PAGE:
By LINDA M. LINONIS
Lowellville United Methodist Church holds the distinction as the first church built in the village situated on the banks of the Mahoning River.
For the small but faithful membership, the church has a special place in their hearts.
Recently, four longtime members gathered to discuss the church. They are Kay Edwards, a member since 1945; Phyllis Lupo, a member since 1977 and baptized there; Sandy Moretti, a member since the 1960s; and Lorine Schrader, a 70-year member.
Edwards said the church celebrated its 175th anniversary Oct. 14 with a comedy-magic program by Drip E. Faucet, an afternoon program of speakers and music followed by a dinner at the church attended by about 95 people. “We had a good turnout,” she said.
A slight mystery at the church is the location of a time capsule. “We’re still looking for it,” said Moretti. Though there are some clues to its location, they yielded nothing yet. “We wanted to find it for the celebration,” Edwards said.
As with many mainline denominations, the church membership has dwindled from a high of some 250 to between 50 and 60 with an average attendance of about 25 at Sunday worship.
Those who attend praise the church for its welcoming atmosphere. “We like it here,” Edwards said. Sunday services are at 9:30 a.m. followed by refreshments.
Schrader added, “We’re a close-knit group. I can’t imagine going to any other church.”
“The fellowship here is something special,” Moretti said.
And that’s not the only thing that is exceptional. The church has built a solid and tasty reputation for various food sales.
A chicken and biscuit dinner will be from 4 to 6:30 p.m. Nov. 10, and customers may eat in or carry out. “It’s been a fixture for as long as I can remember. The church was bigger when it started, but we carry it on,” Schrader said.
The church also sells roast- beef sandwiches as takeout only during Lowellville Day in the summer and then again in January or February. “People always tell us how good the sandwiches are, and we usually sell out,” said Lupo, who confided it must be the wine in the recipe.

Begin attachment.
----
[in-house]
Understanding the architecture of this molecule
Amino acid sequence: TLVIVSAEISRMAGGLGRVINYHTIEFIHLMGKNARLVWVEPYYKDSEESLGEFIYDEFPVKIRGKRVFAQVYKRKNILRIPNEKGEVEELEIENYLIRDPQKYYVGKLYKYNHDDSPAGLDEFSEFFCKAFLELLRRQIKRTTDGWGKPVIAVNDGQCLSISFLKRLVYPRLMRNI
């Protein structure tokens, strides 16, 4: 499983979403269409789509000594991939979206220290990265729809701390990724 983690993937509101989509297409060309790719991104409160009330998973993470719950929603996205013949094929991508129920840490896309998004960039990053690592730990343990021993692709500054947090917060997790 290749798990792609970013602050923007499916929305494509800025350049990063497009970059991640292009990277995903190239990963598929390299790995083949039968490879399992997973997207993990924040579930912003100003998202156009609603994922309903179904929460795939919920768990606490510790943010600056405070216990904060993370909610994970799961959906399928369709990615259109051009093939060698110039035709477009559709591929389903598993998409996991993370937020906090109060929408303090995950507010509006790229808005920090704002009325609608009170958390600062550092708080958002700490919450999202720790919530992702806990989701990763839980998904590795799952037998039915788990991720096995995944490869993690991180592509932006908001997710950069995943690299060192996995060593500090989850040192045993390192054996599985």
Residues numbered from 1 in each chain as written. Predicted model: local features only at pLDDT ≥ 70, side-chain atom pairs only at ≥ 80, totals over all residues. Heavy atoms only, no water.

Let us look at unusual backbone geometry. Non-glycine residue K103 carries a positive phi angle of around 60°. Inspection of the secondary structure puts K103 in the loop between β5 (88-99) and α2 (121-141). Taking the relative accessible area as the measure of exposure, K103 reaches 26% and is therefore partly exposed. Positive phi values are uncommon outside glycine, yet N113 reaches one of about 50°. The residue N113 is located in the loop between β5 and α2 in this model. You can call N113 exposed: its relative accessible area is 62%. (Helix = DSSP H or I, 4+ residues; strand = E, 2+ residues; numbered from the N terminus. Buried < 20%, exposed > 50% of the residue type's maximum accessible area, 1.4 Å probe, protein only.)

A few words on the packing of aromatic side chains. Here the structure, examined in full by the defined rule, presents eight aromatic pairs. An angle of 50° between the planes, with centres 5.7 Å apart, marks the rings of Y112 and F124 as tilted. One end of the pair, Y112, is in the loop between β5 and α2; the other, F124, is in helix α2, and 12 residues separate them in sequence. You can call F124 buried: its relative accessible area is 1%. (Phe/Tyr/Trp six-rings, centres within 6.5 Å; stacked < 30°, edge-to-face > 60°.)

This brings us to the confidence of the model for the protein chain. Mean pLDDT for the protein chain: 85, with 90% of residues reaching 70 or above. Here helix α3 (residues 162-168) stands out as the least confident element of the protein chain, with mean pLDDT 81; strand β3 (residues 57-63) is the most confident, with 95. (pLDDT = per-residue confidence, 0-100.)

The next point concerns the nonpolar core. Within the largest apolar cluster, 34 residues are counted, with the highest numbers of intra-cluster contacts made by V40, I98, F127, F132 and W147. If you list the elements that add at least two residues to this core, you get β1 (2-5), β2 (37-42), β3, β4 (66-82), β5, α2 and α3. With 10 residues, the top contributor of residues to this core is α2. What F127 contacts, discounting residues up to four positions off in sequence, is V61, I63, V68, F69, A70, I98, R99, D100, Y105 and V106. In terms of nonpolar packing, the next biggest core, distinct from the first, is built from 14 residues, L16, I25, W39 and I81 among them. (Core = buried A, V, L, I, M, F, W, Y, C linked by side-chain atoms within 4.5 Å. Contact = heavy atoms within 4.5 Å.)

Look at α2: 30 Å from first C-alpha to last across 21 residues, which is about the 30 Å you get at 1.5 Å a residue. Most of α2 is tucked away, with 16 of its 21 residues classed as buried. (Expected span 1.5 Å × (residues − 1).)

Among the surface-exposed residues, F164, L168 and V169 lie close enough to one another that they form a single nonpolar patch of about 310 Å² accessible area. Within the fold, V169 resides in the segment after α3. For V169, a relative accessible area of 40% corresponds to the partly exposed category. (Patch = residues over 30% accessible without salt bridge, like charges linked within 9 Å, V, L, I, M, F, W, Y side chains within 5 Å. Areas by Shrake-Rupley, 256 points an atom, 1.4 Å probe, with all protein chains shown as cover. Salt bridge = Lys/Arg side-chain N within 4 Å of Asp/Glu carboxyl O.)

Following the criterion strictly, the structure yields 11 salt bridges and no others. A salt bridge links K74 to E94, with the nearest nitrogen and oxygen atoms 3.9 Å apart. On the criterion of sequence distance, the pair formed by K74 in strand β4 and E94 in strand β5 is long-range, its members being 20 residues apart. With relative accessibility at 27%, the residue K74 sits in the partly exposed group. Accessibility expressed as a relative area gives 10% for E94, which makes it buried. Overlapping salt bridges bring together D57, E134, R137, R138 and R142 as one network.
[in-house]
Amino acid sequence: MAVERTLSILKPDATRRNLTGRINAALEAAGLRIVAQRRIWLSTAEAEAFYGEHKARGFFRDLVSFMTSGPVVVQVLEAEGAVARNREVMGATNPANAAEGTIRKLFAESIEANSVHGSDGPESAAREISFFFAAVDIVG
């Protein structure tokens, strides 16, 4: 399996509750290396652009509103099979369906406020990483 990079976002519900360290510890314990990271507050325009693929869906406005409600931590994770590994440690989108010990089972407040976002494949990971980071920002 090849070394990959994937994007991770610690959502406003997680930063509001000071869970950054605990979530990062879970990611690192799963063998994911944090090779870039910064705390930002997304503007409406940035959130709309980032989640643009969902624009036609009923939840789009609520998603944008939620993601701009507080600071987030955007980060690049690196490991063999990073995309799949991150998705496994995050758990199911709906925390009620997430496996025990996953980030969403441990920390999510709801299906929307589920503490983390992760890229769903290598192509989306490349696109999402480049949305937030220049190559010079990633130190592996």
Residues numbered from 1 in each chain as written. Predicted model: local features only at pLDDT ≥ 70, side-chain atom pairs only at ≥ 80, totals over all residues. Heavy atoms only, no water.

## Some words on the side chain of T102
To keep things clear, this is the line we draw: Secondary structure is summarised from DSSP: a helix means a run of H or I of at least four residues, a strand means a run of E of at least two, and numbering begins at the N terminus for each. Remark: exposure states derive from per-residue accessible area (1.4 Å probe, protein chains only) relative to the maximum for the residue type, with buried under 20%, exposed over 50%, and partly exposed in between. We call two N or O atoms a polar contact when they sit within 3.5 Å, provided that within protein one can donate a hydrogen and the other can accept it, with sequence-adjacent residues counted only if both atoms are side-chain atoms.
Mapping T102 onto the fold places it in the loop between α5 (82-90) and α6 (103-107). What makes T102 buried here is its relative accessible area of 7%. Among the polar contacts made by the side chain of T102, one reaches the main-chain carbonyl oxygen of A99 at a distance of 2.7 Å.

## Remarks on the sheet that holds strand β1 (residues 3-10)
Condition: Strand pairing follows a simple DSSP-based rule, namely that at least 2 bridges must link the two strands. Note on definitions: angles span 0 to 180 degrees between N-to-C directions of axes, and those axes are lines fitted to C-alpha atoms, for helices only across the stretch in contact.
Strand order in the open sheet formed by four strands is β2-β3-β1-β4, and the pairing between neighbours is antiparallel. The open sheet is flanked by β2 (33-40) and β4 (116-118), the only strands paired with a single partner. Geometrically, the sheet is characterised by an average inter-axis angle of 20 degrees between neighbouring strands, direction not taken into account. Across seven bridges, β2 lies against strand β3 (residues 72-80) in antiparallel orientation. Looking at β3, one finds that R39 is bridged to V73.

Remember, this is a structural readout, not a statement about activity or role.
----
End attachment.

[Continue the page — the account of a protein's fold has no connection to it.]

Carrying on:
Another food attraction that gets rave reviews is the church’s takeout pasta fagioli sale on Good Friday. Lupo’s daughter, Elizabeth Hartman, who attends the church, provided the recipe and helps cook. “People can’t believe a Methodist church can make an Italian recipe so good,” Lupo said.
The women agreed the popular food sales benefit the church coffer and help maintain the church presence in the community.
The group also praised the quality of the choir, which helps enhance worship services. Craig Wiencek is pianist.
Darlene Masetta is the church pastor. She usually presents a children’s sermon for the younger crowd. At services, Moretti said, there is a practice to shake hands with members.
Two large stained-glass windows highlight the sanctuary. An unusual round window depicts Jesus praying. The other, located on the wall opposite the altar, is of Jesus, the Good Shepherd. The windows were installed to remember the first members. Other smaller stained-glass windows include nameplates that are memorials and of those who provided funds.
Pulpit chairs and a small pew, which were rescued from a fire in the second church, are treasured items in the church and are links to the past. The sanctuary also features rounded pews, creating an inviting seating arrangement. Handcarved in wood is a verse from “Amazing Grace,” which is in memory of Elaine Dennis, who was a lay leader and choir director.
“It’s like family here,” Moretti said.
Lupo admitted she “liked a smaller church ... it makes me feel at home.” She said that feeling motivates members “to work to keep the doors open.”
Members with church duties are Elizabeth Hartman, lay leader; Sarah Hartman, lay servant; Jeffrey Hartman, treasurer and sexton; Carol Ann Tirotta, secretary; Walter Schrader, chairman of official board; and Walter and Lorine Schrader, communion stewards.